“I have to keep training Hector.”
This time Mom went still. “To what end, Ruben? How many times do you have to nearly die?”
He looked at her, steady. “That doesn’t matter.”
She stared at him, bewildered. “It matters to me, Ruben. It matters to your brothers, to Jeff and Abel, to Alvaro—to your whole family. To everyone who’ll make it back.”
All was quiet in Ruben. Frozen. Clear.
“The other manticore kittens were put down. Victor was put down.” He didn’t look away. “We put down Hector… I’ll be next.” Said aloud like that… it felt more and more like a fact. “If I train him, then I at least have a chance. And if he kills me, then Dovilė won’t have to.”
Mom was silent. (Nearby Li-Li kicked, bouncing in her chair. From below rose the low murmur of commotion, the shuffling of papers, the scraping of chairs.)
No denials. No protests. No words.
Tightness spread from around her eyes, knotting her brows. Her throat hollowed, her breath caught. Her lips twisted, parted, as she sought something, anything to say.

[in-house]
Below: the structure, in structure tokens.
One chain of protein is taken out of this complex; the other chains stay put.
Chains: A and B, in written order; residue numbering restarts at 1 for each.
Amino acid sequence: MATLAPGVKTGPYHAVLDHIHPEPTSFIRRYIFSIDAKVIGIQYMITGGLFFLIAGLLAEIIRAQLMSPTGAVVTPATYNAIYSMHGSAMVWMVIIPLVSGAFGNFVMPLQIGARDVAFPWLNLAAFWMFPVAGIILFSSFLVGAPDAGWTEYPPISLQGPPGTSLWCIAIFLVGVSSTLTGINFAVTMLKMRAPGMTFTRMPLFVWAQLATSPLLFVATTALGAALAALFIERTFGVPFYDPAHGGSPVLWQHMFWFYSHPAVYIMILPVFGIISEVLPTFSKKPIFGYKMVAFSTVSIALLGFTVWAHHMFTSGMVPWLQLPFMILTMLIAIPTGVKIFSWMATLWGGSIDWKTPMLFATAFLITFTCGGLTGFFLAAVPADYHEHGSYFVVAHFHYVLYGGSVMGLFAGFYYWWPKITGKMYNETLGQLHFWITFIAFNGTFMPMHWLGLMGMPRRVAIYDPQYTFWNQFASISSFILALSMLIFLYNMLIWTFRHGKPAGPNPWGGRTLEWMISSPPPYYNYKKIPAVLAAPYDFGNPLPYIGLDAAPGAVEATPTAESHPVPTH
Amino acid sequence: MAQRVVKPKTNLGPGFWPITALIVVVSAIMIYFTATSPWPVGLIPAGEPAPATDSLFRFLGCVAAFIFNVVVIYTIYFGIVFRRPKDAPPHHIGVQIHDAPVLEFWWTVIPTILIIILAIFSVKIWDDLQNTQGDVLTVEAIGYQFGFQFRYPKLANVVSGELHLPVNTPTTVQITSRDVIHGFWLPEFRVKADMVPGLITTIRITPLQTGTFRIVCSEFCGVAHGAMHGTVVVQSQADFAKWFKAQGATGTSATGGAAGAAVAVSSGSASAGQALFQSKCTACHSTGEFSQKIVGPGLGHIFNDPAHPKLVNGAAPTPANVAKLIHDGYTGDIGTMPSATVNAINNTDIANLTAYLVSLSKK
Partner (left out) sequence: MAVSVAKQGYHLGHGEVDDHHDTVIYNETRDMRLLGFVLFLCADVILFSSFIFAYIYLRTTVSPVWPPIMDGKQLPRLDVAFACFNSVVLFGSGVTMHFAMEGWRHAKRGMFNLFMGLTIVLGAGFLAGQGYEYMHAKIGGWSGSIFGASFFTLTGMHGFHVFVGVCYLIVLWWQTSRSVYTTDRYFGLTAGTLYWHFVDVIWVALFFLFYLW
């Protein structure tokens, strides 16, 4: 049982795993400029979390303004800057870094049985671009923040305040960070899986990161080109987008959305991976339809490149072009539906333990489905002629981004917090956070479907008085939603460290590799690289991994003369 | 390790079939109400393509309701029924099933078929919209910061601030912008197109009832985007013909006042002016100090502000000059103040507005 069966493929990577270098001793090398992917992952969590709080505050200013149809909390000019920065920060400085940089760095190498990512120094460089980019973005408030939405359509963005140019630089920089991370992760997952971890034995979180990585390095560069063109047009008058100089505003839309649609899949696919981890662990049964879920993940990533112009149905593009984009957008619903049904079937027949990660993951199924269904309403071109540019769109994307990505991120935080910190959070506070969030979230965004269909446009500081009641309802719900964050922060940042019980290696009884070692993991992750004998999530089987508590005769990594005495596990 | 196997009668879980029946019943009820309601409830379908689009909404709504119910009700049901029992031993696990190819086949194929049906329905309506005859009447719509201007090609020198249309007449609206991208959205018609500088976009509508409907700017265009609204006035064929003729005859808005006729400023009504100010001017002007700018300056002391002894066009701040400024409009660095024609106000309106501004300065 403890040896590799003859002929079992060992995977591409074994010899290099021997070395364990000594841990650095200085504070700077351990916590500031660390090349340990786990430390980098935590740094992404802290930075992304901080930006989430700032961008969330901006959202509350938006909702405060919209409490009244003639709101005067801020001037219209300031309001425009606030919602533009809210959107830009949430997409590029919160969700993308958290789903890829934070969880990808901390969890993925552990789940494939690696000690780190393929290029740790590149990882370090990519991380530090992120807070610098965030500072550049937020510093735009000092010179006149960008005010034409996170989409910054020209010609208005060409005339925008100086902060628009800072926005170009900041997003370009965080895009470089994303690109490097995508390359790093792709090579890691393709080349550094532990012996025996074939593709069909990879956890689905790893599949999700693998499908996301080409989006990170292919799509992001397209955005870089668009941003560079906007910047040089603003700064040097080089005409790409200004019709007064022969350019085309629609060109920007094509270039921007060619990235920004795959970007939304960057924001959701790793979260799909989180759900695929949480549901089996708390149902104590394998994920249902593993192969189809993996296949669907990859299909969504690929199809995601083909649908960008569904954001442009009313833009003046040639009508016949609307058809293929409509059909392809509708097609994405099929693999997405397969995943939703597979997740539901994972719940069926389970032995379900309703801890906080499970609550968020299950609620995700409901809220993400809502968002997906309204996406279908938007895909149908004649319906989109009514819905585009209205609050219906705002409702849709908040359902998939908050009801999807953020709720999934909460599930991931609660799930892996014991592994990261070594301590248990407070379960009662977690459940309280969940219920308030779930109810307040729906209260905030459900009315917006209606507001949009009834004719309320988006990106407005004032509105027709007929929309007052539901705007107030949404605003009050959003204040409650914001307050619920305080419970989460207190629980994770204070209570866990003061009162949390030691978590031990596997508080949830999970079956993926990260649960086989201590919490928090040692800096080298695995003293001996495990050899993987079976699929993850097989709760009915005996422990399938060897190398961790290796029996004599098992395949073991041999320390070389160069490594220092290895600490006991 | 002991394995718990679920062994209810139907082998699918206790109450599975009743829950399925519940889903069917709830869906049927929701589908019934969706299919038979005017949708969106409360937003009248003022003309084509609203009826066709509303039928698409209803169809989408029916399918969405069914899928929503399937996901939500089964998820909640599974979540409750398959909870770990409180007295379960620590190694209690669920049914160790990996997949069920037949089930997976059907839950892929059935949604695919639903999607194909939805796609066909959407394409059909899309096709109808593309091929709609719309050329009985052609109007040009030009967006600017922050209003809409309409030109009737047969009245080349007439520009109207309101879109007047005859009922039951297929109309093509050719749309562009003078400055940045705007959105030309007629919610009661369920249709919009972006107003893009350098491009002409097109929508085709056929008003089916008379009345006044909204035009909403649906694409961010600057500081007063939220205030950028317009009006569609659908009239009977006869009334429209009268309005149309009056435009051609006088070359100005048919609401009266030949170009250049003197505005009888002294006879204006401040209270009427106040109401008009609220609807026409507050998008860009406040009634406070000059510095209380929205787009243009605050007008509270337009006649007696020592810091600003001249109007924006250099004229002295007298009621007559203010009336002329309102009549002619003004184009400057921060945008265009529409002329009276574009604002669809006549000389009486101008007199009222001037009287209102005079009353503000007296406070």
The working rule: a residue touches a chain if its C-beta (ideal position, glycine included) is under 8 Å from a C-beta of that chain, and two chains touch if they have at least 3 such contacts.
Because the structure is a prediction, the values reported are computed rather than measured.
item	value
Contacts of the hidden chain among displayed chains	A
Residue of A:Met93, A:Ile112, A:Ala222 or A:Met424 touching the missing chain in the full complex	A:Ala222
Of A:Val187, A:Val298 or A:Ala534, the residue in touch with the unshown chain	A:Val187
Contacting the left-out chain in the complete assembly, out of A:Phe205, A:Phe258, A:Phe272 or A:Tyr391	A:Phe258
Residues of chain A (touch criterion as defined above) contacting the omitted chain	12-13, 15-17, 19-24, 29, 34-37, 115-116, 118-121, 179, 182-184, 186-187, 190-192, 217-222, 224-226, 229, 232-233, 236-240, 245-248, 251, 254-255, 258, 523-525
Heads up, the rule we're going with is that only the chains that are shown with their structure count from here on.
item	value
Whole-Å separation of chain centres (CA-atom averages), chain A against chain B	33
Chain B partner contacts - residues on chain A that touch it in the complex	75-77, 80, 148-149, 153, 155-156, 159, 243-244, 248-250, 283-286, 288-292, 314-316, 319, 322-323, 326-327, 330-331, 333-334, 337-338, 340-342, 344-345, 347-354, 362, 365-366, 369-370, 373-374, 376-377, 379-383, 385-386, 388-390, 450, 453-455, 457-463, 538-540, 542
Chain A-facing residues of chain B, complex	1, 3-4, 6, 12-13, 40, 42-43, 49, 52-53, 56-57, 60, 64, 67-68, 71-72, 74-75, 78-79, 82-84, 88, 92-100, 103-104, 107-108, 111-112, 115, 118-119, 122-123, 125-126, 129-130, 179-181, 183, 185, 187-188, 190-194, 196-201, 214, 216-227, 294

But she knew he was right. And her heart was breaking. Ruben could see it all in her face.
Something sliced through him all at once, sudden and sharp. It spread outward, feeling like liquid fire, melting the crystallized hardness he’d been. A vise cinched around his chest, his vision watered.
Gods, he was a fucking monster.
“I’m sorry, Mom.” His voice came through thin from his seized throat. “I’m sorry.” And then he kept saying it, the words dripping like water from icicles dying their slow sunlit death.
She brought her hand to her mouth. Tears spilled down her cheeks. She shook her head, then pulled her hand away. “No, Ruben—no, no, no.” She pulled him close, wrapped him in her arms, pressed her cheek into him. “It’s not your fault.”
They squeezed, heartbeat to heartbeat. Crying quietly, trembling.
And then they relaxed. Their pulses slowed. They held acceptance now, between their parting embrace.